Regional Banks: The Dynamics of Net Interest Margins at Selected US Banks
The role of CMA, MTB, and KEY as favored “asset sensitive” plays on rising rates leaves them over-valued relative to our regression model, and particularly to BAC and COF. Ironically, over the last 12-months BAC and COF were the only banks in our sample (along with RF) to show margin improvement and outperformed peers on both the asset- and liability-sides of the balance sheet.
- The exhibit below illustrates this by breaking down the change in net interest margin (NIM) into contributions from interest-earning (IE) assets and from liabilities, and further unbundling the liability side into contributions from interest-bearing (IB) liabilities and NIB funding (e.g. non-interest-bearing deposits and equity).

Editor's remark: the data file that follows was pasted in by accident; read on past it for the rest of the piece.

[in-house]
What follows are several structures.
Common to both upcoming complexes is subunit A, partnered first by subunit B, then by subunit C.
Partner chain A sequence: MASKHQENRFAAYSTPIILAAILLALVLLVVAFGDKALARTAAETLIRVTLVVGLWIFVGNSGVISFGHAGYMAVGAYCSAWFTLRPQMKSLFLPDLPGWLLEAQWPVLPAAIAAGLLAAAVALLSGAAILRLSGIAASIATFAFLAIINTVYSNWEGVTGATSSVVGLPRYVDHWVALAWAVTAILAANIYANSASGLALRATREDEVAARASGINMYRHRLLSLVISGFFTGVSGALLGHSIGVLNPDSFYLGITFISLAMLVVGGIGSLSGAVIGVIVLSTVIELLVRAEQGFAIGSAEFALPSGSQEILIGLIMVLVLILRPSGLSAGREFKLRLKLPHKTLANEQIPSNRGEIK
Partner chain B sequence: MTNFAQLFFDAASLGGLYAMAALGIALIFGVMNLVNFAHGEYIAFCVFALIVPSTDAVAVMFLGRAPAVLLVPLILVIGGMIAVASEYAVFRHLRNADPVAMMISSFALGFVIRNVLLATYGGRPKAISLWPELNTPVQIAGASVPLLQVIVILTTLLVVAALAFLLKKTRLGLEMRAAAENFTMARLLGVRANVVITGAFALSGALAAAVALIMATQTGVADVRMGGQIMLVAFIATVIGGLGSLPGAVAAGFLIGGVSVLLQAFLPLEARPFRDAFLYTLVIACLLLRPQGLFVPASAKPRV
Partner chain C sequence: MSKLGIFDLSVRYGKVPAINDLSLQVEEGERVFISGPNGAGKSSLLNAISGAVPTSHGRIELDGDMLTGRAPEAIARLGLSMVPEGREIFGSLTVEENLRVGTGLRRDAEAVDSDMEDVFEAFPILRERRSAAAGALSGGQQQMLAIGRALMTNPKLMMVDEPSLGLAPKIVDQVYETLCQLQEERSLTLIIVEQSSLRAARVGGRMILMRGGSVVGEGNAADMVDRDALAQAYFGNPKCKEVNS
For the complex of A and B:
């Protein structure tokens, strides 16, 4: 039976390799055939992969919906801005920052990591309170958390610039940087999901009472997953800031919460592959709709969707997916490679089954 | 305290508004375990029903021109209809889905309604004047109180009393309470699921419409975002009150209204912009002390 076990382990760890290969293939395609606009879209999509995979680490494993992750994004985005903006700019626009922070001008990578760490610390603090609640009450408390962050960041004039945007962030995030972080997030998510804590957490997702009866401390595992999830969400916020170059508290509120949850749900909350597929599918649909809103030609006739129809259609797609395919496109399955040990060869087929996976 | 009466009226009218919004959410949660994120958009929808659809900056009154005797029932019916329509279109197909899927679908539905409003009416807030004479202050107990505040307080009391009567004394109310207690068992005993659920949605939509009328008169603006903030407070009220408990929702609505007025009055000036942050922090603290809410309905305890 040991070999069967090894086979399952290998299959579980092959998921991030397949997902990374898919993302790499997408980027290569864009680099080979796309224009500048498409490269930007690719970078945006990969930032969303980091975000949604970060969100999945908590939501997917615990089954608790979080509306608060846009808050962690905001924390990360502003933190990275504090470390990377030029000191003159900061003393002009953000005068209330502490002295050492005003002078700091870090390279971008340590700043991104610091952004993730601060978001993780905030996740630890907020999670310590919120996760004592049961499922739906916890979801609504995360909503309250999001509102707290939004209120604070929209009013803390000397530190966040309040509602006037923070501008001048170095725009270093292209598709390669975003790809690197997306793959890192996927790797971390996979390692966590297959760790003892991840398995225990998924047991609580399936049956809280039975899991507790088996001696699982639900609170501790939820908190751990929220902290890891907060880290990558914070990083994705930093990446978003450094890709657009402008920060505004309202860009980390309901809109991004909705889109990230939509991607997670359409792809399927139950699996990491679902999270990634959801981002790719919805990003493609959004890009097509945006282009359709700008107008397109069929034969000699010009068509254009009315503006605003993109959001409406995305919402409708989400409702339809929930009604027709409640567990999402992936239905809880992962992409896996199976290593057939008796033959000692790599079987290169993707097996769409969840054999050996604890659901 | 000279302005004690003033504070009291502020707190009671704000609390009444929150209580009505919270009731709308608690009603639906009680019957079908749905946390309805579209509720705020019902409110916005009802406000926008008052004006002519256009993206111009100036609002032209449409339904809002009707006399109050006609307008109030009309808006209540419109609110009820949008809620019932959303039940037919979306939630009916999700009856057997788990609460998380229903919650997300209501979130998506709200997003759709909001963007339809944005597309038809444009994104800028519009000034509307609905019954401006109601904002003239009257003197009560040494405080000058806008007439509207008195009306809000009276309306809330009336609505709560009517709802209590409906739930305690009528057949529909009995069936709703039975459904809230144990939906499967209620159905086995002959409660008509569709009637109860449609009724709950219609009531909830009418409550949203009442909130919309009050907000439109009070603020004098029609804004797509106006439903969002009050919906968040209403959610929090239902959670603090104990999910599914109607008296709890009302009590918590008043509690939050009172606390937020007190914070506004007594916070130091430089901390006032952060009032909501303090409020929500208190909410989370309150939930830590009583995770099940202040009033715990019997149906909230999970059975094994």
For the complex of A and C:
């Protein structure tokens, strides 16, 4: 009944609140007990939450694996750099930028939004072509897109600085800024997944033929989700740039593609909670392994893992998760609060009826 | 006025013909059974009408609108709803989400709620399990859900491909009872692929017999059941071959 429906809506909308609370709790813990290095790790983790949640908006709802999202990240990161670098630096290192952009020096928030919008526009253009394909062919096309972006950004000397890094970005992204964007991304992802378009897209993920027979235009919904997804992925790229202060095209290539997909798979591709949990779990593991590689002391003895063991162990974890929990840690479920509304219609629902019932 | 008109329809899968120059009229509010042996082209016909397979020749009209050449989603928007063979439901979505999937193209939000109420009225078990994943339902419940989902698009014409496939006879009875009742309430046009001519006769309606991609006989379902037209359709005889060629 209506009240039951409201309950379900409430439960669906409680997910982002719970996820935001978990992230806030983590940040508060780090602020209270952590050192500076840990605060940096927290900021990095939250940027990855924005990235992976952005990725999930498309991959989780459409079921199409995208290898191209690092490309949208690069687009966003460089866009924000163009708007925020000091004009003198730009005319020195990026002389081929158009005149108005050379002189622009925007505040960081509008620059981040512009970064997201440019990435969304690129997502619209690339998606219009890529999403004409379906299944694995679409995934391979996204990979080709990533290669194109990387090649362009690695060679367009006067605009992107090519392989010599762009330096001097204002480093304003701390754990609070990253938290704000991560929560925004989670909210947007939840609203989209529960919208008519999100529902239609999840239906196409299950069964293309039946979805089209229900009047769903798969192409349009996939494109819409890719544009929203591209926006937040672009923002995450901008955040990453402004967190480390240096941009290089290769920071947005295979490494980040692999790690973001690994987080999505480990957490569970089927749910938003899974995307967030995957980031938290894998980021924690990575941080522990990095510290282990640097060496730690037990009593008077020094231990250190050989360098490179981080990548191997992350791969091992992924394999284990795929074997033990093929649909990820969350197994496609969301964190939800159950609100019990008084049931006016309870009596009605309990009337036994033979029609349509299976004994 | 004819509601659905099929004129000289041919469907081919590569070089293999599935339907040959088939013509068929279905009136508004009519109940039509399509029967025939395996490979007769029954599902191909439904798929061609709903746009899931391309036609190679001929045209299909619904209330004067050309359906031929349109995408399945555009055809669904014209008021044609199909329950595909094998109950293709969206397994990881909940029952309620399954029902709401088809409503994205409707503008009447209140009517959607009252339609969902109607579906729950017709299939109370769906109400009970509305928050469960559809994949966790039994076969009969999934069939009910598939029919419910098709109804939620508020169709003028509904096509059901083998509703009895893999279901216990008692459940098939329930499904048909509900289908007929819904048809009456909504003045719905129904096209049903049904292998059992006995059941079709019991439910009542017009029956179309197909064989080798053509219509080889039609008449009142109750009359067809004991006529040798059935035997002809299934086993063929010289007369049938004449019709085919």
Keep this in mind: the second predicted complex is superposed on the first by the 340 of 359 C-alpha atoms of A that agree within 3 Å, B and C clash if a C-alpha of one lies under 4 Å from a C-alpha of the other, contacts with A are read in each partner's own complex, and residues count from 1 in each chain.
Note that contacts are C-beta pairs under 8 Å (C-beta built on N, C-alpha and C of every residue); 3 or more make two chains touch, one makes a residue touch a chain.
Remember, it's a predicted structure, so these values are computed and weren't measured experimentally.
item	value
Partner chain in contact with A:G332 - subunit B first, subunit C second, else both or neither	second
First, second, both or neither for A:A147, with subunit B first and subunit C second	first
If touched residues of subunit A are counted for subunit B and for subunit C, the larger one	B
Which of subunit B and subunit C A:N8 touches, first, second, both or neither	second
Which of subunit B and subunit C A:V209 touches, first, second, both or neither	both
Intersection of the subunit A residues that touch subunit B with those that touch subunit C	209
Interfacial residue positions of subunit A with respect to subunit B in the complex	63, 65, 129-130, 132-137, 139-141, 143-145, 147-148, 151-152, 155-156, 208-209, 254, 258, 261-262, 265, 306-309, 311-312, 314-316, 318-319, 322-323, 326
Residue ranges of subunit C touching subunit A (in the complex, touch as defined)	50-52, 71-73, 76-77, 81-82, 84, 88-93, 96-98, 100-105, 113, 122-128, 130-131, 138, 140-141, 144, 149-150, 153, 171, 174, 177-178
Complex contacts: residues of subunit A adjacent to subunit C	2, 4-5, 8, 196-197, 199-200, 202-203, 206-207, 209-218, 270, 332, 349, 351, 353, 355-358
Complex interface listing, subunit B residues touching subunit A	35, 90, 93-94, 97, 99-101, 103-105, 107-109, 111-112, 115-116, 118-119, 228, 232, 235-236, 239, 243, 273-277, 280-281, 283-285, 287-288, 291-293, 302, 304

- In our margin model, described in the Appendix, the change in NIM is the sum of the asset and liability contributions along with the change in the slope of the swap curve (measured as the difference between the 3-year swap rate or 3YS and 6-month Libor or 6ML); this was 0.45% over the period of the Exhibit.
Given short rates fell over the last 12-months, margin-underperformance by “asset sensitive” banks is consistent with consensus. However, this appears coincidental: the data show no correlation between the standard measure of asset sensitivity (i.e., the tilt to C&I loans) and the change in net interest margins, and we do not expect a correlation to appear despite the more pronounced rate moves discounted in the forward markets (indicating a move in 6-month Libor to 1.1% by mid-2015 versus 0.35% in 2013Q4 down 0.2% from the year-ago quarter).
Regardless, all interest-earning (IE) assets re-price eventually so that, even if asset-sensitive banks respond to rising rates by delivering strong near-run earnings, it is a double-count to value these earnings at a premium multiple.